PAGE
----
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MAGGIE SMITH (Mrs. Docherty) graduated from comedy and revue to major tragic roles, to become one of our greatest actresses. She made her first appearance on stage with the Oxford University Drama Society (OUDS) in 1952, but her professional debut was as a comedienne in New York in New Faces of 1956 revue. She joined the Old Vic Company in 1959, appearing in As You Like It, Richard III, The Merry Wives of Windsor and What Every Woman Knows. She played Daisy in Rhinoceros at The Strand in 1960 and received the Evening Standard Best Actress Award of 1962 for her roles as Doreen in The Private Ear and Belinda in The Public Eye, at the Globe Theatre.

In 1963, she joined the National Theatre and was seen at Chichester playing Desdemona, opposite Laurence Olivier in Othello. In 1965, she played Clea in Black Comedy and the title part in Miss Julie, for the National—the double bill transferred to Chichester where, in 1969, she was also seen as Margery Pinchwife in The Country Wife. In 1970, she played Mrs. Sullen in The Beaux' Stratagem at the National (having already appeared in the part with the National Theatre Company in Los Angeles) and the title role in Hedda Gabler. In 1976, she received her second Variety Club's Best Actress Award for her portrayal of Mrs. Millamant in The Way of the World at Stratford in Ontario.

Smith is undoubtedly best known for her fine portrayal of Jean Brodie in The Prime of Miss Jean Brodie, which gained her an Oscar® in 1969 and the Society of Film and TV Arts Best Actress Award in 1970. A second Oscar® followed in 1978 for her part in Neil Simon's California Suite (1978). In the theater, she was seen in Night and Day in London and on Broadway (1979/1980), followed by Much Ado About Nothing (directed by Robin Phillips), in which she played Beatrice at the Stratford in Ontario, and Madam Arkadina in The Seagull in 1980. She also played the title role in the world premiere of Edna O'Brien's Virginia, repeating her success in London at the Theatre Royal Haymarket, again directed by Robin Phillips, for which she received another Evening Standard Award Best Actress Award.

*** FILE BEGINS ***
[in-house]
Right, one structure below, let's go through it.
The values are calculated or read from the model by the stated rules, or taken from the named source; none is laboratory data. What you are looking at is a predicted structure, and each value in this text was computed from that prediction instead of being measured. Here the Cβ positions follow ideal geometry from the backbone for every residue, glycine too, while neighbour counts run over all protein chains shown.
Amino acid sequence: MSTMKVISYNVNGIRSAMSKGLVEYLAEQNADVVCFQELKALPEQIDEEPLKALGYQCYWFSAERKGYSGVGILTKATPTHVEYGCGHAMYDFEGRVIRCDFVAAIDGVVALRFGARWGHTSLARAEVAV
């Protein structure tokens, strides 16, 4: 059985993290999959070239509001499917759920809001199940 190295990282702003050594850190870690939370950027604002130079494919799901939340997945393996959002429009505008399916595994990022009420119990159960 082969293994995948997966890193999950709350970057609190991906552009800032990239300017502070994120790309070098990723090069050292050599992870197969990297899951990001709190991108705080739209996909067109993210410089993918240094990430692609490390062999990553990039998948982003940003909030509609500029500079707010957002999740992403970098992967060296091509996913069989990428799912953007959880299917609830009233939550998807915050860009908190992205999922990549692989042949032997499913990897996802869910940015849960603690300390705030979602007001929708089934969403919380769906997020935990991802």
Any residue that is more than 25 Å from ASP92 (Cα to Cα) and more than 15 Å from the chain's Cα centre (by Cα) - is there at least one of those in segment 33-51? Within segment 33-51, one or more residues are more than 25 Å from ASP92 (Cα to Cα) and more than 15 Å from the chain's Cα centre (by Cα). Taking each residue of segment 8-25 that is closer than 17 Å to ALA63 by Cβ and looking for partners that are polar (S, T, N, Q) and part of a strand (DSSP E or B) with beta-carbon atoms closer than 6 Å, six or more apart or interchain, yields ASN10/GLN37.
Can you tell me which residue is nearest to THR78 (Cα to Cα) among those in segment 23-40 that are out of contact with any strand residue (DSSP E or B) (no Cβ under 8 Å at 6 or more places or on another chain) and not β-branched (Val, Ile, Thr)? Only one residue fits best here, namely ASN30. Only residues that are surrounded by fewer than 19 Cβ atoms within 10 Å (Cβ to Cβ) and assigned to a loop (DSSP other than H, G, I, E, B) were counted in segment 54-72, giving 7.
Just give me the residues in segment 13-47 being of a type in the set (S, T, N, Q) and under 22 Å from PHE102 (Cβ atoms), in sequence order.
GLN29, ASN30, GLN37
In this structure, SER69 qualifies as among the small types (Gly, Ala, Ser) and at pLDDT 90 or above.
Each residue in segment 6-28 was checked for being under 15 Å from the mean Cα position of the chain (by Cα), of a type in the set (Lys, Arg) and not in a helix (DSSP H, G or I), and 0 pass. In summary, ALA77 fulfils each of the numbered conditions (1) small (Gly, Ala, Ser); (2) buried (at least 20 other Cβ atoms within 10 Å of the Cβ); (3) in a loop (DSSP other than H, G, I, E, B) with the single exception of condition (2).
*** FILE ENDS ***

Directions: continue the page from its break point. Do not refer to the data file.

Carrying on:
In 1983, she was nominated for a BAFTA for Best Actress for her performance in the title role of Granada TV's play Mrs. Silly. She appeared in Alan Bennett's A Private Function, in which she co-starred with Michael Palin.

In 1985, Smith played a leading role in Merchant Ivory's production of A Room With a View. She also appeared with Edward Fox in Interpreters at The Queen's Theatre. The following year, she played Jocasta in Cocteau's The Infernal Machine at the Lyric Hammersmith.

In 1987, she appeared in Coming in to Land at the National Theatre and filmed The Lonely Passion of Judith Hearne for Handmade Films. Smith also appeared in Lettice and Lovage at the Globe Theatre, which transferred to Broadway.

In January 1991, Smith appeared in Hook, for Tri- Star, and Sister Act, for Disney. In November 1991, she starred in Memento Mori for the BBC. Early in 1992, she starred in the BBC's Suddenly, Last Summer and, later that year, performed in Warner Bros.' The Secret Garden.

In 1993, after completing a West End run playing Lady Bracknell in The Importance of Being Earnest, Smith went straight into filming Sister Act 2: Back in the Habit for Disney, and then starred in Edward Albee's Three Tall Women at the Wyndham's Theatre in the West End, followed by the role of the Duchess of York in Richard III, directed by Richard Loncraine and starring Ian McKellen. In 1996, she appeared in the film The First Wives Club, for Paramount Pictures, and Washington Square, for Disney. She also performed in Alan Bennett's Talking Heads at the Comedy Theatre in London and on tour in Australia.

Smith's most recent films include the Harry Potter films in the role of Minerva McGonagall; Robert Altman's Oscar®-winning Gosford Park; the telefilm My House in Umbria, for which she won an Emmy; Julian Fellowes' From Time to Time; and Niall Johnson's Keeping Mum.

The Queen's 1970 New Year's Honours List named Smith a Companion of the Order of the British Empire (CBE), followed by a Dame Commander of the Order of the British Empire (DBE) in 1990. Smith was awarded the Hamburg Shakespeare Prize in 1991, is a fellow of the British Film Institute, was awarded a BAFTA Special Lifetime Achievement Award in 1993 and an Olivier Special Achievement Award in 2010, is an Hon. D.Litt. of Cambridge University and The University of St Andrews and is a patron of the Jane Austen Society.


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